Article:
Court Revokes KSh 115.7M Award to Former Kenya Railways Employee

Court Revokes KSh115.7M Award to Former Kenya Railways Employee (News Central TV)

More than 200 retired Kenya Railways Corporation (KRC) employee will have to wait longer to receive a portion of the KSh115.7 million they were awarded last year after the appellate court temporarily halted the verdict that awarded them the money.

The Court of Appeal acknowledged that the amount being sought by the retired workers is substantial and that it may be challenging to collect it from them should the corporation’s appeal be successful.

Locomotive drivers were among the former employees who prevailed in the two-decade legal battle last year when the Employment and Labour Relations Court found that they had not received their full retirement benefits in 1998.

The sum includes leave allowance, pension, severance pay, gratuity arrears, and monthly salaries that have accrued since the date a collective bargaining agreement (CBA) was registered.

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However, the corporation contends that the court lacked jurisdiction to decide pension-related issues. The KRC adds that the money originates from an unregistered CBA.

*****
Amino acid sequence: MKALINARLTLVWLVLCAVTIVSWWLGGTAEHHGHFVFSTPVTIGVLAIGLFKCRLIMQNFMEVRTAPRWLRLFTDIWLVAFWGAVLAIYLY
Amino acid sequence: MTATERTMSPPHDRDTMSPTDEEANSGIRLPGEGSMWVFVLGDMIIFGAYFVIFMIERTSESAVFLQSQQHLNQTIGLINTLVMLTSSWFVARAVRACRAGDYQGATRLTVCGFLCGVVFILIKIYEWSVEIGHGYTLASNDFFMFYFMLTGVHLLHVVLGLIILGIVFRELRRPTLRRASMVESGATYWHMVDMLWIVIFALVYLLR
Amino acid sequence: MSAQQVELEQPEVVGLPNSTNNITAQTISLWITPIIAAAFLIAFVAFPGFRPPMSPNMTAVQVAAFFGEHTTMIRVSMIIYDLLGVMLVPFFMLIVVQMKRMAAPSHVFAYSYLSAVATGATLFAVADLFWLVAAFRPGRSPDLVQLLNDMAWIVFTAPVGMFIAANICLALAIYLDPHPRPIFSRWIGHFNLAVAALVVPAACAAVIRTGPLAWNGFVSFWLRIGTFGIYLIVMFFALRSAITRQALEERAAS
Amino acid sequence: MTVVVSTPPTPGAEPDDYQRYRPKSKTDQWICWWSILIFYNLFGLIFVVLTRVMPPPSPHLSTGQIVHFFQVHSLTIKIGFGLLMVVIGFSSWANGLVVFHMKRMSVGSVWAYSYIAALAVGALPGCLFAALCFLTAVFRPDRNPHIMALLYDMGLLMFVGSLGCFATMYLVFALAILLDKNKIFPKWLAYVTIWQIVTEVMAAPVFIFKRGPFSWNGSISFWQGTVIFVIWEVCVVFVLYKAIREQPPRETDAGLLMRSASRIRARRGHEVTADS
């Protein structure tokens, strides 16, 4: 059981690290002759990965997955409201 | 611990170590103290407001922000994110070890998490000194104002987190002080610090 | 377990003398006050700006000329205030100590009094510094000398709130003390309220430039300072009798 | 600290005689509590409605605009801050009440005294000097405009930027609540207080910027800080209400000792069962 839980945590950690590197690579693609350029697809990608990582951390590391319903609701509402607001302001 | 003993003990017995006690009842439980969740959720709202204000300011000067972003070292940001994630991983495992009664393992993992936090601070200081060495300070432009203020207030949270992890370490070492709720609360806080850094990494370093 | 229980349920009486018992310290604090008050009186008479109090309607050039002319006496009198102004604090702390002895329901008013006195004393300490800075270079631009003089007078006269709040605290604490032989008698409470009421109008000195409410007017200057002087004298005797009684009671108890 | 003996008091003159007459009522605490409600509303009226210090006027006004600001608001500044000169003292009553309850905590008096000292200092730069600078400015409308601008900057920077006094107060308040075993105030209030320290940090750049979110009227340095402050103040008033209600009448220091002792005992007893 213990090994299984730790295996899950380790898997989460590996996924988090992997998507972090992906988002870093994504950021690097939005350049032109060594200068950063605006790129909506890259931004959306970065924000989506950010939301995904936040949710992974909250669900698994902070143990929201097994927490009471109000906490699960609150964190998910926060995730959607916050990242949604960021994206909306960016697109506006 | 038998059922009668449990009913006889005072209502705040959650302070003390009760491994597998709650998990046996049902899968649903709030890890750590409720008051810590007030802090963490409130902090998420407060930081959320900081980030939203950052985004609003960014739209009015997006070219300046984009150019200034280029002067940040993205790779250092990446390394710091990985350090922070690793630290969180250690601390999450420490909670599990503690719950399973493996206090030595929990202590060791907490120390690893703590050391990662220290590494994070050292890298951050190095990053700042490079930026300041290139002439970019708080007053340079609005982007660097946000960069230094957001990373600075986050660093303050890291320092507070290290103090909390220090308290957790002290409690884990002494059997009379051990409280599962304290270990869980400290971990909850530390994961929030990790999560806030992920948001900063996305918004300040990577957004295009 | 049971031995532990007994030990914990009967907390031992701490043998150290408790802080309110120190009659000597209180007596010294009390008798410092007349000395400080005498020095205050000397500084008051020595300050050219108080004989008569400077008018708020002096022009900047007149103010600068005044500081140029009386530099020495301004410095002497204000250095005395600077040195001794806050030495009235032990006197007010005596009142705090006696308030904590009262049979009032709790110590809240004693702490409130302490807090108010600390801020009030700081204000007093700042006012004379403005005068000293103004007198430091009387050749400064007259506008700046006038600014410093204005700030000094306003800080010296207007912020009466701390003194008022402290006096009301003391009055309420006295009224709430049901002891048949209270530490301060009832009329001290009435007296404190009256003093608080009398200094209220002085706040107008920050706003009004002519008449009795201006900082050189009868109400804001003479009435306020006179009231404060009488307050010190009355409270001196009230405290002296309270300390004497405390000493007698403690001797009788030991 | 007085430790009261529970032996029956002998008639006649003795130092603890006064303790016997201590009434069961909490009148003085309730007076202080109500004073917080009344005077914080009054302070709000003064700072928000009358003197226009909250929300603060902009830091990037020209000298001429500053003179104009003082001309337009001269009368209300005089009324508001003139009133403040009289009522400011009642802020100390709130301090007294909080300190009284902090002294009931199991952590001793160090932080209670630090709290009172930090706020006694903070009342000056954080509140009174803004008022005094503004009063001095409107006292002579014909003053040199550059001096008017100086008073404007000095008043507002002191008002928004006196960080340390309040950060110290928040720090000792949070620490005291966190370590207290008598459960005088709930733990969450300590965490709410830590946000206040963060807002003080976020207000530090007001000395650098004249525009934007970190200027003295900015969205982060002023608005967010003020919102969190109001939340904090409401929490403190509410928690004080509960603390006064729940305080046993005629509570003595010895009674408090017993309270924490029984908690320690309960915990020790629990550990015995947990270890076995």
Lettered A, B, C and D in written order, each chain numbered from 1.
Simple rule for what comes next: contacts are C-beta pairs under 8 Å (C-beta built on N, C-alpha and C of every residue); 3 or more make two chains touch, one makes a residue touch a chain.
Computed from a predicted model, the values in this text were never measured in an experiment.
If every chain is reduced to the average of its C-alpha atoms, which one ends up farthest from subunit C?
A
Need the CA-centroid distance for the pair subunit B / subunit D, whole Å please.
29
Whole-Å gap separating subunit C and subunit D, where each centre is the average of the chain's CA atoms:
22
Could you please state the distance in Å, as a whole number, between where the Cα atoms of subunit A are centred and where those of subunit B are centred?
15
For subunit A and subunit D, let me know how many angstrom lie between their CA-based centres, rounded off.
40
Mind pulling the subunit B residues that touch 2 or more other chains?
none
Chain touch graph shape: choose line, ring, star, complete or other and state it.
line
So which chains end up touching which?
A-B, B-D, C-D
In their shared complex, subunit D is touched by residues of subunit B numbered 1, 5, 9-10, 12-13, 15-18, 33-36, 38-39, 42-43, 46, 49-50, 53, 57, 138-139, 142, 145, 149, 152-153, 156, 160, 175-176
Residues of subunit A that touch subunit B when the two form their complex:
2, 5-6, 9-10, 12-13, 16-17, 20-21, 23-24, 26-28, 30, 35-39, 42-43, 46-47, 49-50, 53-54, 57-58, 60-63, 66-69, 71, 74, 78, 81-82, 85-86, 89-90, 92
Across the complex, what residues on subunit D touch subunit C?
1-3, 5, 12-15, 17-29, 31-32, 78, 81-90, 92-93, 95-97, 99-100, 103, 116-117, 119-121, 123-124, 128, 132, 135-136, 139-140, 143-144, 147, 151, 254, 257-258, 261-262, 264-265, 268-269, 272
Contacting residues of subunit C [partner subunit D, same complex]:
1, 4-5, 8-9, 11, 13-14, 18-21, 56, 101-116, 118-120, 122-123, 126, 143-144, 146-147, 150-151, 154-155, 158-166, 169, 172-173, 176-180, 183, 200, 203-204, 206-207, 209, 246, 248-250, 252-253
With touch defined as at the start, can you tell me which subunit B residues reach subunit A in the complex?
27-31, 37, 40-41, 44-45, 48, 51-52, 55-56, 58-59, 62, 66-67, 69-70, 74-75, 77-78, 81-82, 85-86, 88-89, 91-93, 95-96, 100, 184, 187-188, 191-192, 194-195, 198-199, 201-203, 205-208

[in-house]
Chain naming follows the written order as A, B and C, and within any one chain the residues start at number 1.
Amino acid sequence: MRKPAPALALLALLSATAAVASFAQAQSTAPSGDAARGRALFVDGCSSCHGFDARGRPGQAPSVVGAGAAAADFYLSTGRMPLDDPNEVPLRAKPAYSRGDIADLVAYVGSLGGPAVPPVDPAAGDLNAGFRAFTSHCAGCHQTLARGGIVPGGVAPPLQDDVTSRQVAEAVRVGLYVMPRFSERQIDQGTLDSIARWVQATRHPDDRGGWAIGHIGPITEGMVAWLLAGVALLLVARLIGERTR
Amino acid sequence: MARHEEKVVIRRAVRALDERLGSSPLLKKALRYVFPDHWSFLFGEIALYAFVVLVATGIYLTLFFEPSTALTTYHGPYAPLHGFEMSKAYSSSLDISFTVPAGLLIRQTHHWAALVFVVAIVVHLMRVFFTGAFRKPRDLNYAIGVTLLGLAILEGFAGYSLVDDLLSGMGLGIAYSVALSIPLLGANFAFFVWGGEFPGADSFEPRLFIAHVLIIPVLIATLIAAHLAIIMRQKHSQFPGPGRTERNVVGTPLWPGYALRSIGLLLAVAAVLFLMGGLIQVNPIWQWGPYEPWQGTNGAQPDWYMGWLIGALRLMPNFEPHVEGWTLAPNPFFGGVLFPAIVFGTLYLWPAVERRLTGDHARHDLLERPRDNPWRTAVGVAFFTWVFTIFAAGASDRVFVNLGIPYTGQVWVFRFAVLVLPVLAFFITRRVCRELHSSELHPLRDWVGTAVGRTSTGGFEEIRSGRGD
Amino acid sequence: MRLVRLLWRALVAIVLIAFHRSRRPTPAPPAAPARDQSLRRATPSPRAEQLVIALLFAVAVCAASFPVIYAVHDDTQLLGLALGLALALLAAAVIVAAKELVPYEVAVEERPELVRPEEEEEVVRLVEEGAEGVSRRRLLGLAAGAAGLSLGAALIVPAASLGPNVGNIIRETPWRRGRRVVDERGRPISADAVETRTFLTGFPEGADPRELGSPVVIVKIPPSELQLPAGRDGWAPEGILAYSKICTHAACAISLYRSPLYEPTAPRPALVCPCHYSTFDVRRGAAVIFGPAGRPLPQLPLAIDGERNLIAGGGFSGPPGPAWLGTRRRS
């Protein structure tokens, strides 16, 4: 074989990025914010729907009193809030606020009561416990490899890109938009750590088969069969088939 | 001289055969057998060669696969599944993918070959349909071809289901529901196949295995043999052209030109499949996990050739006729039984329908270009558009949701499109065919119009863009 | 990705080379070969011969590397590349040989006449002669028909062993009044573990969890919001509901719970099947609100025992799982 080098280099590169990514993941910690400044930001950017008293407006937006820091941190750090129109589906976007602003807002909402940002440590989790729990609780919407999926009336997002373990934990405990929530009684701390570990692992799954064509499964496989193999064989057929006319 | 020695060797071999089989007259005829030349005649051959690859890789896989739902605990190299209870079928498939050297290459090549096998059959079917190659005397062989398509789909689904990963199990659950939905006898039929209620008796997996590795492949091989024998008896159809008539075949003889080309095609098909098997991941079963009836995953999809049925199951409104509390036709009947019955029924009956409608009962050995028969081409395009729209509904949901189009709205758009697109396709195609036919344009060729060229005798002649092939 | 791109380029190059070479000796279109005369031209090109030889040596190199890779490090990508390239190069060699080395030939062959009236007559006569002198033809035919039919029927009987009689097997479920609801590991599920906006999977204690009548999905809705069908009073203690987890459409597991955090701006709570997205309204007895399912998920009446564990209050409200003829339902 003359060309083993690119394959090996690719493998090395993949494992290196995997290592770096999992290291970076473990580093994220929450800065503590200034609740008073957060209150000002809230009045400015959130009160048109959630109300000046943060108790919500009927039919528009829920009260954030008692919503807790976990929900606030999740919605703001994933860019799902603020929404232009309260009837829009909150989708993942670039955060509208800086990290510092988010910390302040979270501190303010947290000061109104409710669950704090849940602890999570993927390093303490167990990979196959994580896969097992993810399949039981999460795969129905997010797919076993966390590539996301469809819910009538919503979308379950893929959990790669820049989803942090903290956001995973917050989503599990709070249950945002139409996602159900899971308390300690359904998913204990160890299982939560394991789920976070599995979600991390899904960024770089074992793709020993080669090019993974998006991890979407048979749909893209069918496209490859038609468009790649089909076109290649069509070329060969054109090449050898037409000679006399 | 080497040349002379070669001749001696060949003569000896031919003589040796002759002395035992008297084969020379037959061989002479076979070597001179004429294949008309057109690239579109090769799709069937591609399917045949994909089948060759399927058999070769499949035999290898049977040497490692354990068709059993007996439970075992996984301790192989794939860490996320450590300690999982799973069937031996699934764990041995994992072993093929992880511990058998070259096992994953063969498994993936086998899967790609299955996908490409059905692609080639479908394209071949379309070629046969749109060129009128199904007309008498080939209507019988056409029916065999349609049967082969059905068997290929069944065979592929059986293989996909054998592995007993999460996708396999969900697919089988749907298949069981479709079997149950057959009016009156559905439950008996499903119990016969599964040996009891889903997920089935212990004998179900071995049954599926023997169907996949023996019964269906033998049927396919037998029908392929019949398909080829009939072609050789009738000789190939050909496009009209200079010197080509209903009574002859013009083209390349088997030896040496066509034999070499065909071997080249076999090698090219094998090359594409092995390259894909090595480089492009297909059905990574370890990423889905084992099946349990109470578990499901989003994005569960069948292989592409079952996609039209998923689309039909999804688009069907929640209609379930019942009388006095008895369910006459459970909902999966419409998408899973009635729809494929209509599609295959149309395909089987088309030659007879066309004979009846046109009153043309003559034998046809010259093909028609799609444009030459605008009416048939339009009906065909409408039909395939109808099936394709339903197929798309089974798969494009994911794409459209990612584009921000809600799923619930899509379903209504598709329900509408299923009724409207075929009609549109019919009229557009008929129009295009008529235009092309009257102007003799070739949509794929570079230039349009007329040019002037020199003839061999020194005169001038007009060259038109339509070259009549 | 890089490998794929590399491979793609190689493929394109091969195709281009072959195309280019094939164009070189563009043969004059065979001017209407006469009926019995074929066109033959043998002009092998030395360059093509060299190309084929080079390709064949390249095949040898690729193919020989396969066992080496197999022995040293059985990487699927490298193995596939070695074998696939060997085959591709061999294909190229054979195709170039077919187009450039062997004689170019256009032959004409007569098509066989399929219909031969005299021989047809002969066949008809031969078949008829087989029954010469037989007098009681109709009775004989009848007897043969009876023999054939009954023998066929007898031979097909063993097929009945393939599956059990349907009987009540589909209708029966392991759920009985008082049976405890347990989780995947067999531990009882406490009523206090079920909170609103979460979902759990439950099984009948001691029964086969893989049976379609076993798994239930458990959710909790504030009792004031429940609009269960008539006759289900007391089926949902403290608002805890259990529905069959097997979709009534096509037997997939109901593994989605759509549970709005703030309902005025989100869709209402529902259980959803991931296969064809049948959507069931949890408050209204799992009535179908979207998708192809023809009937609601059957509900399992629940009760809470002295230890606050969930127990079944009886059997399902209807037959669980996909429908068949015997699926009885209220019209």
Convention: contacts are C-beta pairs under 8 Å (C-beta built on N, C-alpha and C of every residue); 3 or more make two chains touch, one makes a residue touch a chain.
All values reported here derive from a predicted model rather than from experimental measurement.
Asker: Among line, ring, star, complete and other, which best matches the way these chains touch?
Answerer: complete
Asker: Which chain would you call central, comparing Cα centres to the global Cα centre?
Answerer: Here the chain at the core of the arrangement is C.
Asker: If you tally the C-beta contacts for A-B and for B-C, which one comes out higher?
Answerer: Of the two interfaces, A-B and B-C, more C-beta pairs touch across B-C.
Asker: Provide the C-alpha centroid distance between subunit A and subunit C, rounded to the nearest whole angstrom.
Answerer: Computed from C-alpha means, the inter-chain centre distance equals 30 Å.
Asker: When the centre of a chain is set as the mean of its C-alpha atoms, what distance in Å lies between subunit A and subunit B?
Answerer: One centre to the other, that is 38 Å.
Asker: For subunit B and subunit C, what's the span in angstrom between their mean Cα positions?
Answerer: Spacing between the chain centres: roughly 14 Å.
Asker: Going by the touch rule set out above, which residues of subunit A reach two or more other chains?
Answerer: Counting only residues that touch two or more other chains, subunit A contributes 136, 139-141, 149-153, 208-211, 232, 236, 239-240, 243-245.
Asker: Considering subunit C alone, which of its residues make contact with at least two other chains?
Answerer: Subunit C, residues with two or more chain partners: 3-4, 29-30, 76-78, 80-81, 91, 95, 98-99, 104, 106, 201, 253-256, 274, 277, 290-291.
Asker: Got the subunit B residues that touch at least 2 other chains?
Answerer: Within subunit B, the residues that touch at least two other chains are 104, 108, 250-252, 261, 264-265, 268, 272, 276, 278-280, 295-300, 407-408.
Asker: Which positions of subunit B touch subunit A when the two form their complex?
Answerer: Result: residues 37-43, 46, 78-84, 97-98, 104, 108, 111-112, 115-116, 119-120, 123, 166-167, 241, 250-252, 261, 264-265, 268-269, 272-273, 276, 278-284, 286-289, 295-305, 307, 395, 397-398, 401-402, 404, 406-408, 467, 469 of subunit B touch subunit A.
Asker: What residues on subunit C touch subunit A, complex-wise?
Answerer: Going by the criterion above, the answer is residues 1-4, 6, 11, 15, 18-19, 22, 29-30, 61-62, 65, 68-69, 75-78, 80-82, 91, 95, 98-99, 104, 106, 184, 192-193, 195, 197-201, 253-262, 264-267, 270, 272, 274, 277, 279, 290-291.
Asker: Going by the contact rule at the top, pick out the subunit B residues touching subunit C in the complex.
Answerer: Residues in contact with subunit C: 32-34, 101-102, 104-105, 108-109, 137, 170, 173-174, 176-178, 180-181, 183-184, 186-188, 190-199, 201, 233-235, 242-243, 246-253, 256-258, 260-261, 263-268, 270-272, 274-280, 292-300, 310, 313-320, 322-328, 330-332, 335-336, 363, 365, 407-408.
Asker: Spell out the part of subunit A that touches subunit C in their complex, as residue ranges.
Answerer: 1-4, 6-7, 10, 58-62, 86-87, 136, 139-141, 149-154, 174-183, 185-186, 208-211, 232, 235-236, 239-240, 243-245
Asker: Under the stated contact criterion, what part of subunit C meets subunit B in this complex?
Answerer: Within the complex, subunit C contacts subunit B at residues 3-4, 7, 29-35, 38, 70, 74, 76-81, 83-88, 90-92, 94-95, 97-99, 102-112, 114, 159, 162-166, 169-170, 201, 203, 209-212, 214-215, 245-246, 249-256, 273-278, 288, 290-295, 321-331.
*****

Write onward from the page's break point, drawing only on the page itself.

Justice Kathurima M’Inoti

According to Justices Kathurima M’Inoti, Fatuma Sichale, and Sankale ole Kantai, “The sum involved is a considerable quantity of money and we find in the circumstances that the applicant may not recover the same if the appeal successful.”

Through their attorney Chacha Odera, the KRC warned the company that its retired employees, who were dispersed across the nation and had no recognised source of income and others who had passed away, might prevent it from recovering the money. The money, according to the lawyer, has not been budgeted for.

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The 217 former employees, who are still in Nairobi, had also been ordered by Justice Maureen Onyango to keep their homes up till they receive complete payment last year.

Because Kenya Railways agreed to cover their housing expenses until their entire terminal benefits were paid, the judge ruled that the former employer is still liable.

In order to receive a final judgement on what is owed to them, the court ordered KR to compute their pay based on their most recent pay and submit a report in court within 30 days.

According to the terms of the 1997 contract, the sum should be calculated based on the bottom and top bracket employees’ respective pay increments of 70% and45%.

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A CBA signed in 1997 was the basis for the lawsuit filed by the former workers, who were led by George Ochieng Ododa, seeking their retirement benefits and terminal contributions.

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